Major car OEMs including General Motors, Nissan, and Toyota are all racing to develop their own, unique semi-autonomous architectures. Nissan this summer announced that its first cars using the autonomous car platform will arrive in 2020. Germany's Daimler AG similarly announced plans to start selling a self-driving car by 2020.
Self-driving cars are no longer just about Google cars. Carmakers aren't pontificating or debating the pros and cons of self-driving cars, either. Daimler is already using self-driving as a way to differentiate from other luxury cars, as it competes with its German rival BMW.
Just as much as car OEMs are under pressure to come up with their own autonomous car platforms, automotive chip suppliers such as Freescale, Infineon Technologies, and NXP Semiconductors are similarly feeling the heat.
The second half of 2014 is a sort of consensus deadline for leading car OEMs to make final decisions on architecture and technologies for semi-autonomous car platforms. By then, Freescale says, it will be working closely with OEMs, contributing its ideas and making proposals, hopeful for design wins for key technologies on the platform.
Carmakers are all "working toward" autonomous cars, agrees Drue Freeman, senior vice president for global automotive sales and marketing at NXP. "They are preparing roadmaps for self-driving cars."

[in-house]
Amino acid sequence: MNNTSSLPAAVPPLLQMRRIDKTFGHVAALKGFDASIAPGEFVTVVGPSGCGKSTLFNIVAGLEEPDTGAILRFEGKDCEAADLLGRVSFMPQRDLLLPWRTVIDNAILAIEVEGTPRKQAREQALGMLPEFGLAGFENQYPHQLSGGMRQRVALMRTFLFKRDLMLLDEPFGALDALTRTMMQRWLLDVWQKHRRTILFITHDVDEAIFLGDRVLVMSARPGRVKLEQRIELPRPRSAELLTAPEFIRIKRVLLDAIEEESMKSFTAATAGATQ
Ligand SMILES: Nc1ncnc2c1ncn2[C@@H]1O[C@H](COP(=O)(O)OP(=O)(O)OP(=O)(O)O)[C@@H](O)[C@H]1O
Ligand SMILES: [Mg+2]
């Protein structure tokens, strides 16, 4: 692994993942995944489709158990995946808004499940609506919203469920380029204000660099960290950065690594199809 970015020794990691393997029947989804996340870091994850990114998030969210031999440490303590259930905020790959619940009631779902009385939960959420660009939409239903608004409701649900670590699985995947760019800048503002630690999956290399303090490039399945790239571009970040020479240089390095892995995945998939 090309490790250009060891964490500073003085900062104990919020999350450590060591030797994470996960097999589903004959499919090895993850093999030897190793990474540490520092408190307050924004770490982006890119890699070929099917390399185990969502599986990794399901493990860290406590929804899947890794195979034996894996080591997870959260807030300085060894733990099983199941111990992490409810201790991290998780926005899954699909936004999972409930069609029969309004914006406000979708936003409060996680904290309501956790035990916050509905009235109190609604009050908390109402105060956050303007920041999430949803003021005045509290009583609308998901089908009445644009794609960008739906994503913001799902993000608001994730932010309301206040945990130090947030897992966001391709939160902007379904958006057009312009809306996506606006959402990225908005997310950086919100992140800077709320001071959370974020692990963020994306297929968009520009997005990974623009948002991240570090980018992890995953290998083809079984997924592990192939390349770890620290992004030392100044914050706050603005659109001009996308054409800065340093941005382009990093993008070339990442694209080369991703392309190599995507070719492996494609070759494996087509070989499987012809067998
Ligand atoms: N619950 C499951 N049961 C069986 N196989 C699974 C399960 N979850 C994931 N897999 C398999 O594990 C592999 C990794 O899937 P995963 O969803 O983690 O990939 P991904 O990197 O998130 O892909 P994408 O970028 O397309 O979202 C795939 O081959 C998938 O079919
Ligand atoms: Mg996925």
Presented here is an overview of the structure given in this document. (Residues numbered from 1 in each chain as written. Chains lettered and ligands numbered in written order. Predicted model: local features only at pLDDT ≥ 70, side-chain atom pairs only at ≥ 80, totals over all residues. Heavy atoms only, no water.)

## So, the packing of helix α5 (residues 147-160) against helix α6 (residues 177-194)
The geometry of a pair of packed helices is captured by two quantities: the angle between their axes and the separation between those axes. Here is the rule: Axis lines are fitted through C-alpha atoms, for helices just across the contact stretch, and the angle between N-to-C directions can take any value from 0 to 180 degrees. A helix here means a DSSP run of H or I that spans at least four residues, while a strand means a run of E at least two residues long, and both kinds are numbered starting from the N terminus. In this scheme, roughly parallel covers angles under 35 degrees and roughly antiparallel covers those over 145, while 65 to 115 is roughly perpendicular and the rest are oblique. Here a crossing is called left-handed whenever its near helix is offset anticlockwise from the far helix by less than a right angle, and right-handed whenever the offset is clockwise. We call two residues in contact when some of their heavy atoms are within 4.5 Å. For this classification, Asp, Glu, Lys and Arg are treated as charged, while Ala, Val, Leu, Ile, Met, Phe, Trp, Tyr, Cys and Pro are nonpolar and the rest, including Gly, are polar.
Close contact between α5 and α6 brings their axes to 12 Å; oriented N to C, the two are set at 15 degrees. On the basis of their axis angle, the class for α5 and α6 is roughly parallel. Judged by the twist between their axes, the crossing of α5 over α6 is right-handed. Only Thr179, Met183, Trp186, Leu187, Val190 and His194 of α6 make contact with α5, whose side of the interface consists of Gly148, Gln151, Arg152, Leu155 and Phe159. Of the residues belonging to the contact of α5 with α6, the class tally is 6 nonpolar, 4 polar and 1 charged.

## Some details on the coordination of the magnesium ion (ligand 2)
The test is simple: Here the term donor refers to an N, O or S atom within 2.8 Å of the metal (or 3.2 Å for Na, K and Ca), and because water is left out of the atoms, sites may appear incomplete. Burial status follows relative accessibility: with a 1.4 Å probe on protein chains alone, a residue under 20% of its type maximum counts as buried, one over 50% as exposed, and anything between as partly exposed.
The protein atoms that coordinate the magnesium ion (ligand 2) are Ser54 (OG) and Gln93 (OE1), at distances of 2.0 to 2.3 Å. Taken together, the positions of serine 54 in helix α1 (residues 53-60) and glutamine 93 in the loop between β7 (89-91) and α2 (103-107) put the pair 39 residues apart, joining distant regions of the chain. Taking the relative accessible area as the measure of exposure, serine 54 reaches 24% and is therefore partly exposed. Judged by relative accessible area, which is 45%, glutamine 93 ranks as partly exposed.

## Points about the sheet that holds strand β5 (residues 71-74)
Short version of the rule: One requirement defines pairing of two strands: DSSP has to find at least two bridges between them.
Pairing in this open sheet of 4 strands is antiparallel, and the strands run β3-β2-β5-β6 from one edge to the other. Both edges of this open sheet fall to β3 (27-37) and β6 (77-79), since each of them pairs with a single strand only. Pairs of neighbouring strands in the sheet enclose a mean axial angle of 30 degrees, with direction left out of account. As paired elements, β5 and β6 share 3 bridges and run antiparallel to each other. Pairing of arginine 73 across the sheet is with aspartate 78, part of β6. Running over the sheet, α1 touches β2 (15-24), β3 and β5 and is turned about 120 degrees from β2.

But for now, the most visible competition among OEMs is the rollout of different sensor, camera, and radar technologies to enable ADAS.
While different technologies help create a variety of ADAS features, ADAS, in essence, consists of two principles, Freescale claims. Initially a grid is created around a car to keep the car running within a lane. Second, the car position is communicated, relative to other cars and the road infrastructure.
Although it's easier to think of self-driving cars as essentially built on a combination of different ADAS features, such a view may be an oversimplification.
Hans Adlkofer, head of the system group at the automotive division at Infineon, explained that a variety of ADAS technologies, integrated in a vehicle, need to be able to run seamlessly on a single unit of underlying software adopted by each car company's platform.
In other words, ADAS features can't exist totally independent of the semi-autonomous car platform Although nobody believes that self-driving cars will be easy to develop, technology aside, the uncertainty of consumer behavior is a major concern among car OEMs. Car companies are responsible for developing a solid solution that can guarantee driver and passenger safety in semi-autonomous/self-driving cars.